Last month for NaNoWriMo, I got a lot of support from online friends, people I've never met and might never meet in real life. It's a wonderful thing to be a part of a community of people who are all sharing the same experience. And it was really inspiring to be struggling right next to some lovely published authors on the eHarlequin forums. As an added encouragement, the writers with the highest weekly totals won a copy of a book donated by those generous authors. I was doubly lucky when I won the first week: I wasn't even close to the word counts in later weeks and I won a copy of an anthology of Christmas stories from Donna Alward entitled Christmas Wishes and Mistletoe Kisses.
Donna's contribution is a lovely story, "A Bride for Rocking H Ranch", about a woman struggling to make a perfect Christmas for her family. The trouble is Kelly needs help and isn't used to asking for it. This is a subject near and dear to my heart.
I am awful at asking someone to help me. I'll suffer and toil and grouse, but I won't simply ask. It's worse than that even. When my friends sit around and complain about how much they do, I am happy to join the chorus. But when the talk turns to ungrateful husbands I fall silent.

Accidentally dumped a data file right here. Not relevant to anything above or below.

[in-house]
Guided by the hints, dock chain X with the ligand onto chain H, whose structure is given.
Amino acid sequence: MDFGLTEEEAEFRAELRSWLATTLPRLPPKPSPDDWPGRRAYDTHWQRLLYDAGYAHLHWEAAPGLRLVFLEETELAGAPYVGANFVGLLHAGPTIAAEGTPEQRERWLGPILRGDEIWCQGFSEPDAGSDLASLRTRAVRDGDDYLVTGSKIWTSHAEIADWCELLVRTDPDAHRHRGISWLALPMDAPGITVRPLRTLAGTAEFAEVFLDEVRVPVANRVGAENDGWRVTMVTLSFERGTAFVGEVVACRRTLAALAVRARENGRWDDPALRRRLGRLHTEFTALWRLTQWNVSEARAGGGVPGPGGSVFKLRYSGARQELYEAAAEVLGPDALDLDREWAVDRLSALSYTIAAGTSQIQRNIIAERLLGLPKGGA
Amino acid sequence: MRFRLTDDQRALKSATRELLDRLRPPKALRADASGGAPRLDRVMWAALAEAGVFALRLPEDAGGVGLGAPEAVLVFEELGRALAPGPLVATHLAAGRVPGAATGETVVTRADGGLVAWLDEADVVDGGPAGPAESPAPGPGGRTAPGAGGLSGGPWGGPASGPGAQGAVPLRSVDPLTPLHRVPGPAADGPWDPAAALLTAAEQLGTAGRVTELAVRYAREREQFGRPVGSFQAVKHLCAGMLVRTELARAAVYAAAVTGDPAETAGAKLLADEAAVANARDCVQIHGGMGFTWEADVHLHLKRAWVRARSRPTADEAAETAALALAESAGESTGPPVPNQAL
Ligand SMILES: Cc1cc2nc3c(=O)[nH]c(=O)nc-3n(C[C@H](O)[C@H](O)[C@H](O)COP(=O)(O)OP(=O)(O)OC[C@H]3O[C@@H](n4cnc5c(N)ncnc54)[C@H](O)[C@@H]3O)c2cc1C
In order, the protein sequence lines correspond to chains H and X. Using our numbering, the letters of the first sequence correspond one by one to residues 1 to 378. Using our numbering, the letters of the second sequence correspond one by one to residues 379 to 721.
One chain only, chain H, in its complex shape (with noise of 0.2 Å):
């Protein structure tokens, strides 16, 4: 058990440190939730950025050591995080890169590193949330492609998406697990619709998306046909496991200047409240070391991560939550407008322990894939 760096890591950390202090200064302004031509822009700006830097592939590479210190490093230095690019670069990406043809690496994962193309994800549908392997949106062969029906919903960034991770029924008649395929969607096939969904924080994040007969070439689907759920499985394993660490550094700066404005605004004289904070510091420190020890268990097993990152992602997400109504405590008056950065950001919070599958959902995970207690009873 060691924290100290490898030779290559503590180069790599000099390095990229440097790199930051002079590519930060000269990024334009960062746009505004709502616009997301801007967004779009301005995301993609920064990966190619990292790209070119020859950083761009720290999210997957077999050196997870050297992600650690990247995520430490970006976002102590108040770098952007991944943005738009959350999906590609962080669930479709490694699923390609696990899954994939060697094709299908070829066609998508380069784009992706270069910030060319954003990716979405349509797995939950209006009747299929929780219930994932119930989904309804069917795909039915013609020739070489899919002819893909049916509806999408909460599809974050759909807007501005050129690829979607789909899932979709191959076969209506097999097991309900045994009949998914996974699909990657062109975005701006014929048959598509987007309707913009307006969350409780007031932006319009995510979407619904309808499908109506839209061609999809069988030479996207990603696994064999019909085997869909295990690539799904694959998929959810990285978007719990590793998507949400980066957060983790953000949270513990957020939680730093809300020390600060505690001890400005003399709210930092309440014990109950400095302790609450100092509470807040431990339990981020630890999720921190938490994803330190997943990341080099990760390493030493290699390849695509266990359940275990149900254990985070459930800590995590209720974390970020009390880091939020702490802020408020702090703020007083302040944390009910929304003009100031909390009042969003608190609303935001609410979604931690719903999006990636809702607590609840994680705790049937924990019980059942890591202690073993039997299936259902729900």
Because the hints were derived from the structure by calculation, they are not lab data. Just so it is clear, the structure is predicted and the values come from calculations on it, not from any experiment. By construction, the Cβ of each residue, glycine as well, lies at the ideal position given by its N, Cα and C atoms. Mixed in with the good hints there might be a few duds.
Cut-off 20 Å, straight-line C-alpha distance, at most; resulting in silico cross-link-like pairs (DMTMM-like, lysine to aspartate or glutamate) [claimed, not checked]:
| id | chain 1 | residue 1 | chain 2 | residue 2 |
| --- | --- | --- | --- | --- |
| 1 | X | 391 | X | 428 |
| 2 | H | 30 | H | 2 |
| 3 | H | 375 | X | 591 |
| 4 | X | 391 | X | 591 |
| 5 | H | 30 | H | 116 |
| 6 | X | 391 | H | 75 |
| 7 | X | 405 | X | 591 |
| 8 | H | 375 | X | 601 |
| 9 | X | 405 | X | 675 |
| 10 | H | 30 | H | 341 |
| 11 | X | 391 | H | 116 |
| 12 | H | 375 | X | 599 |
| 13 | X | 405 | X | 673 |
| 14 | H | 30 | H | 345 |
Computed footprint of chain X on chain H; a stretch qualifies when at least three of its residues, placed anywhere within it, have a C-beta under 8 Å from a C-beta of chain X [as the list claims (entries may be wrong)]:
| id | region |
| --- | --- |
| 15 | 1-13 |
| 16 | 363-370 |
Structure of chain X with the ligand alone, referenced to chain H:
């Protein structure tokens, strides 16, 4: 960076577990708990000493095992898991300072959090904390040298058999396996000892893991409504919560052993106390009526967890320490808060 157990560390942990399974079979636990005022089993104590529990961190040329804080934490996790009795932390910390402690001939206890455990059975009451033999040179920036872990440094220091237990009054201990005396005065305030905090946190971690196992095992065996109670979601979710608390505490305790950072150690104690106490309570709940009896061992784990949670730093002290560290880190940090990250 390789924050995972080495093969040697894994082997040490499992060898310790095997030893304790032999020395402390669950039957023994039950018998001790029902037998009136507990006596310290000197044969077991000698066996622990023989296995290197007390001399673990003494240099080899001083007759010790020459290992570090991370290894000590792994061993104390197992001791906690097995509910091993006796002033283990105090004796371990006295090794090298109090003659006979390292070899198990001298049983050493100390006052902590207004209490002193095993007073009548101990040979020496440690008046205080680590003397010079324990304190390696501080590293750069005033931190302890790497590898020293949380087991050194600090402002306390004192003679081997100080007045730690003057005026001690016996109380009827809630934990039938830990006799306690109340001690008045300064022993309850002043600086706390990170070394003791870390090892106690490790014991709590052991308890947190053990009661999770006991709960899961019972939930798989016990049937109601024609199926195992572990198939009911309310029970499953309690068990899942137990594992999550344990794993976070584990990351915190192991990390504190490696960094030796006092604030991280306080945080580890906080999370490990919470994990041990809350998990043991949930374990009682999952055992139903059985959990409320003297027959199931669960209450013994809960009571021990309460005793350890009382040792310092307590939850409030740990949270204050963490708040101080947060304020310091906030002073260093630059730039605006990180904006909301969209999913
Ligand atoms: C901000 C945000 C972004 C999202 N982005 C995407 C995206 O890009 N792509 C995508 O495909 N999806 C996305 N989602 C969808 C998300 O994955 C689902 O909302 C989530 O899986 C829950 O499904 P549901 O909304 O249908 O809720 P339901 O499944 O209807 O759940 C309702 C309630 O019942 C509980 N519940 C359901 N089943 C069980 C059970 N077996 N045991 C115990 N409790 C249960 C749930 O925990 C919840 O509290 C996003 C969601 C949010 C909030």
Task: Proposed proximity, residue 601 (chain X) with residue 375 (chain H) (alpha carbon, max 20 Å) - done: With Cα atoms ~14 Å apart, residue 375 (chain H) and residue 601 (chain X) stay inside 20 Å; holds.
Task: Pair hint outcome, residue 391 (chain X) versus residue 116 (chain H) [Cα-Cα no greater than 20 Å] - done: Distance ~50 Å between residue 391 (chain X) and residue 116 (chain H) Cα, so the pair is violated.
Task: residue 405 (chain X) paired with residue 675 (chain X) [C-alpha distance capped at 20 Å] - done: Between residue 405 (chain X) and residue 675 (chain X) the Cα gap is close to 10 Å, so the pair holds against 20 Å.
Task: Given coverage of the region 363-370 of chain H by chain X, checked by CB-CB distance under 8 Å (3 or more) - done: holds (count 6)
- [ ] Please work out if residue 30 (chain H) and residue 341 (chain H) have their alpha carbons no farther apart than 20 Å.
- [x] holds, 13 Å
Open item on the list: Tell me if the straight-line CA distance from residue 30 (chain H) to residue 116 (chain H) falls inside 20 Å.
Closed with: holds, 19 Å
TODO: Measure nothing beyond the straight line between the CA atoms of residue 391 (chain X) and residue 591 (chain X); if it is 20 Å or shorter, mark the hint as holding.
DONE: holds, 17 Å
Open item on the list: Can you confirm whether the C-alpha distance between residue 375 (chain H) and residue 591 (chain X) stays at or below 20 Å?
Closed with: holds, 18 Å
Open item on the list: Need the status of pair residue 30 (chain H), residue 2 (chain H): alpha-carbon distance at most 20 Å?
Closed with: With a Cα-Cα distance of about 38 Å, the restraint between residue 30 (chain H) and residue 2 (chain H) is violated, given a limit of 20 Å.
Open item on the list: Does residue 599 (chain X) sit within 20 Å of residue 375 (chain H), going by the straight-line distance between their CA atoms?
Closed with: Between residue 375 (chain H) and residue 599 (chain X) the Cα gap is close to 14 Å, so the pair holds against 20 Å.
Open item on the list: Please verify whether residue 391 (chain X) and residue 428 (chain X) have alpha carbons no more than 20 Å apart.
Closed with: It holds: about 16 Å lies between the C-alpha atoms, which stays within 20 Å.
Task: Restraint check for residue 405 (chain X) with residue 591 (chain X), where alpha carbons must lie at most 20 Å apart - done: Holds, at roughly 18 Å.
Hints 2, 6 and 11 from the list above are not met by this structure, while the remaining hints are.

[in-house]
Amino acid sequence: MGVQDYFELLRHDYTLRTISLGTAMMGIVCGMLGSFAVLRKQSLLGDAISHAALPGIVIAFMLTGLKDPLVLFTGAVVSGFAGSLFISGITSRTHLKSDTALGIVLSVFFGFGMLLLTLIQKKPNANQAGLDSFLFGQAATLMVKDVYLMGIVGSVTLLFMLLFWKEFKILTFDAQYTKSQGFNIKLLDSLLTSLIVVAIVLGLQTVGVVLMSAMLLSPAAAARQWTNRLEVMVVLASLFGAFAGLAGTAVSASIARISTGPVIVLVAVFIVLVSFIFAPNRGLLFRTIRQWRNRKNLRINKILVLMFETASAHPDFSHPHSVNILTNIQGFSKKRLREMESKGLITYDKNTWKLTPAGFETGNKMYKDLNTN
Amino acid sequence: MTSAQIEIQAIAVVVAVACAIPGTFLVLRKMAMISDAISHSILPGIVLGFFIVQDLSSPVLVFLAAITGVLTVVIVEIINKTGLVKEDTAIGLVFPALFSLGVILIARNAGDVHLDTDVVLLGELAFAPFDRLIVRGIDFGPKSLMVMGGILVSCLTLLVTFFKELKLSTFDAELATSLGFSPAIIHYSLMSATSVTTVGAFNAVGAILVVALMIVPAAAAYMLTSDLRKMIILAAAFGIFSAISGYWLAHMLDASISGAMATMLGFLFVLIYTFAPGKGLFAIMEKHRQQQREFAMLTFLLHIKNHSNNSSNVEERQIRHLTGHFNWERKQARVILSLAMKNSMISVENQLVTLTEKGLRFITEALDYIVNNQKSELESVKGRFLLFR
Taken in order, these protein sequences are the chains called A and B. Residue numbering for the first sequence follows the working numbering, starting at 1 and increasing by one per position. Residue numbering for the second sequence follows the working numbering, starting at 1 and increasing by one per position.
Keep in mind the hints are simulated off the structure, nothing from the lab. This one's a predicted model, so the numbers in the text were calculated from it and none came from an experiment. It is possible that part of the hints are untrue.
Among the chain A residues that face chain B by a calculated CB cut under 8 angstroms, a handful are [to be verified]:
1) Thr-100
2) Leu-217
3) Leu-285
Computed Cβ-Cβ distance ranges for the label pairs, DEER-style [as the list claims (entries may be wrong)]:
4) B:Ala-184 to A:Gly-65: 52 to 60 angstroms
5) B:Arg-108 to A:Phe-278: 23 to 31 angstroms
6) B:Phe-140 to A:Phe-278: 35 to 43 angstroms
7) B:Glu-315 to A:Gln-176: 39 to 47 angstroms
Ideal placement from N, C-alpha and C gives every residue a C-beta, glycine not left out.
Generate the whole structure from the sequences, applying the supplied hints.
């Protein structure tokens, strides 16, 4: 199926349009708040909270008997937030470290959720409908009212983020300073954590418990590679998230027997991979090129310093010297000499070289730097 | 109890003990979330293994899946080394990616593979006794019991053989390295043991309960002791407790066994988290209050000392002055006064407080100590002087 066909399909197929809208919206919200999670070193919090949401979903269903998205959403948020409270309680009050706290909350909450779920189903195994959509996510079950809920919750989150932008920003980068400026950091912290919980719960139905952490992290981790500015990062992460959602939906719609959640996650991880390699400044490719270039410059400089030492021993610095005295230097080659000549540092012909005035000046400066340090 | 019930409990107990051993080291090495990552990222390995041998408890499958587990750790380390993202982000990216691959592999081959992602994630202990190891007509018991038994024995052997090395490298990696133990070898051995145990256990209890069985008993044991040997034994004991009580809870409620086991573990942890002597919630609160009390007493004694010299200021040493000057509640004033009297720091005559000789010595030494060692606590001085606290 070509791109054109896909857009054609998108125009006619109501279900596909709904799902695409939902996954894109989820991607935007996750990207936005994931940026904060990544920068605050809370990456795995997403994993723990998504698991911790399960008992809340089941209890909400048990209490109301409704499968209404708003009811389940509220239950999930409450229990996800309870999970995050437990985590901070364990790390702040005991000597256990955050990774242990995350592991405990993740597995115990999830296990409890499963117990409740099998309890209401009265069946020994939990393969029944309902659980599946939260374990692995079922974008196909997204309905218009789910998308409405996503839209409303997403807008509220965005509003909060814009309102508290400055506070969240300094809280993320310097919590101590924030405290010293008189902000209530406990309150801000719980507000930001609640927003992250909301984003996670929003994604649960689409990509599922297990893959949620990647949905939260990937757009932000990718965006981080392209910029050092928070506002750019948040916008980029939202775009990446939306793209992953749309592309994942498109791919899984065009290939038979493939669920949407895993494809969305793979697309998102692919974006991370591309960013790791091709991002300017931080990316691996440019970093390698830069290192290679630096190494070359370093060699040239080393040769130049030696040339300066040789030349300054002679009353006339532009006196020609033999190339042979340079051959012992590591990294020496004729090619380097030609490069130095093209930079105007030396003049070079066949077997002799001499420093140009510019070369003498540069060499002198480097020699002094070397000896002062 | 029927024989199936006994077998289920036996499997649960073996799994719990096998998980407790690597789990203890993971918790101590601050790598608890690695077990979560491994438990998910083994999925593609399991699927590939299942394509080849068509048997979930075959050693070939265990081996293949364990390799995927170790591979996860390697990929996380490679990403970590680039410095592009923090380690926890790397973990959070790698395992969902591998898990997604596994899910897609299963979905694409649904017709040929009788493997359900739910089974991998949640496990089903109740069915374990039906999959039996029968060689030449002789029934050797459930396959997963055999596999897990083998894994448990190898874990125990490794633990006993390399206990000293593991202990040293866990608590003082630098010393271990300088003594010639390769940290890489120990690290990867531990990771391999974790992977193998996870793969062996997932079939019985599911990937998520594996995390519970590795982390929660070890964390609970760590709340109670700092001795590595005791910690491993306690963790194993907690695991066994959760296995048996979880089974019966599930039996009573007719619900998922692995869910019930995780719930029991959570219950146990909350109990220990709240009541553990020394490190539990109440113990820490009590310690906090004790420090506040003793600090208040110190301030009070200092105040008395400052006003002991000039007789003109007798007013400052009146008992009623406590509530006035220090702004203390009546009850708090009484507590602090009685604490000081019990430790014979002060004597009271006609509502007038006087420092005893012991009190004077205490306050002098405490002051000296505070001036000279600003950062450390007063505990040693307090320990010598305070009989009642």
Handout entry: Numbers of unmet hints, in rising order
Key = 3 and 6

I am married to that rare kind of man who when I leave the dishes to take a phone call, just does the dishes. Without being asked. If the dryer buzzes while I'm reading a book, he'll fold the laundry because it needs to be done. If I am tired or busy or stressed, he looks at me and asks, "What can I do to help?"
And do I accept that help with good grace? Or ask him for help he would so willingly give? Almost never. I tell him I'm good. I'll manage. I'll do it myself, all alone. It drives my husband crazy. I am so stupid, I know.
That just made me enjoy Kelly's struggles so much more. Accepting help, letting someone love you, these things make us vulnerable. You have to open yourself up. It's scary sometimes how much of my heart is walking around with other people. And still, to be happy, you have to find a way to give away a little bit more.
Thanks again for the great read Donna!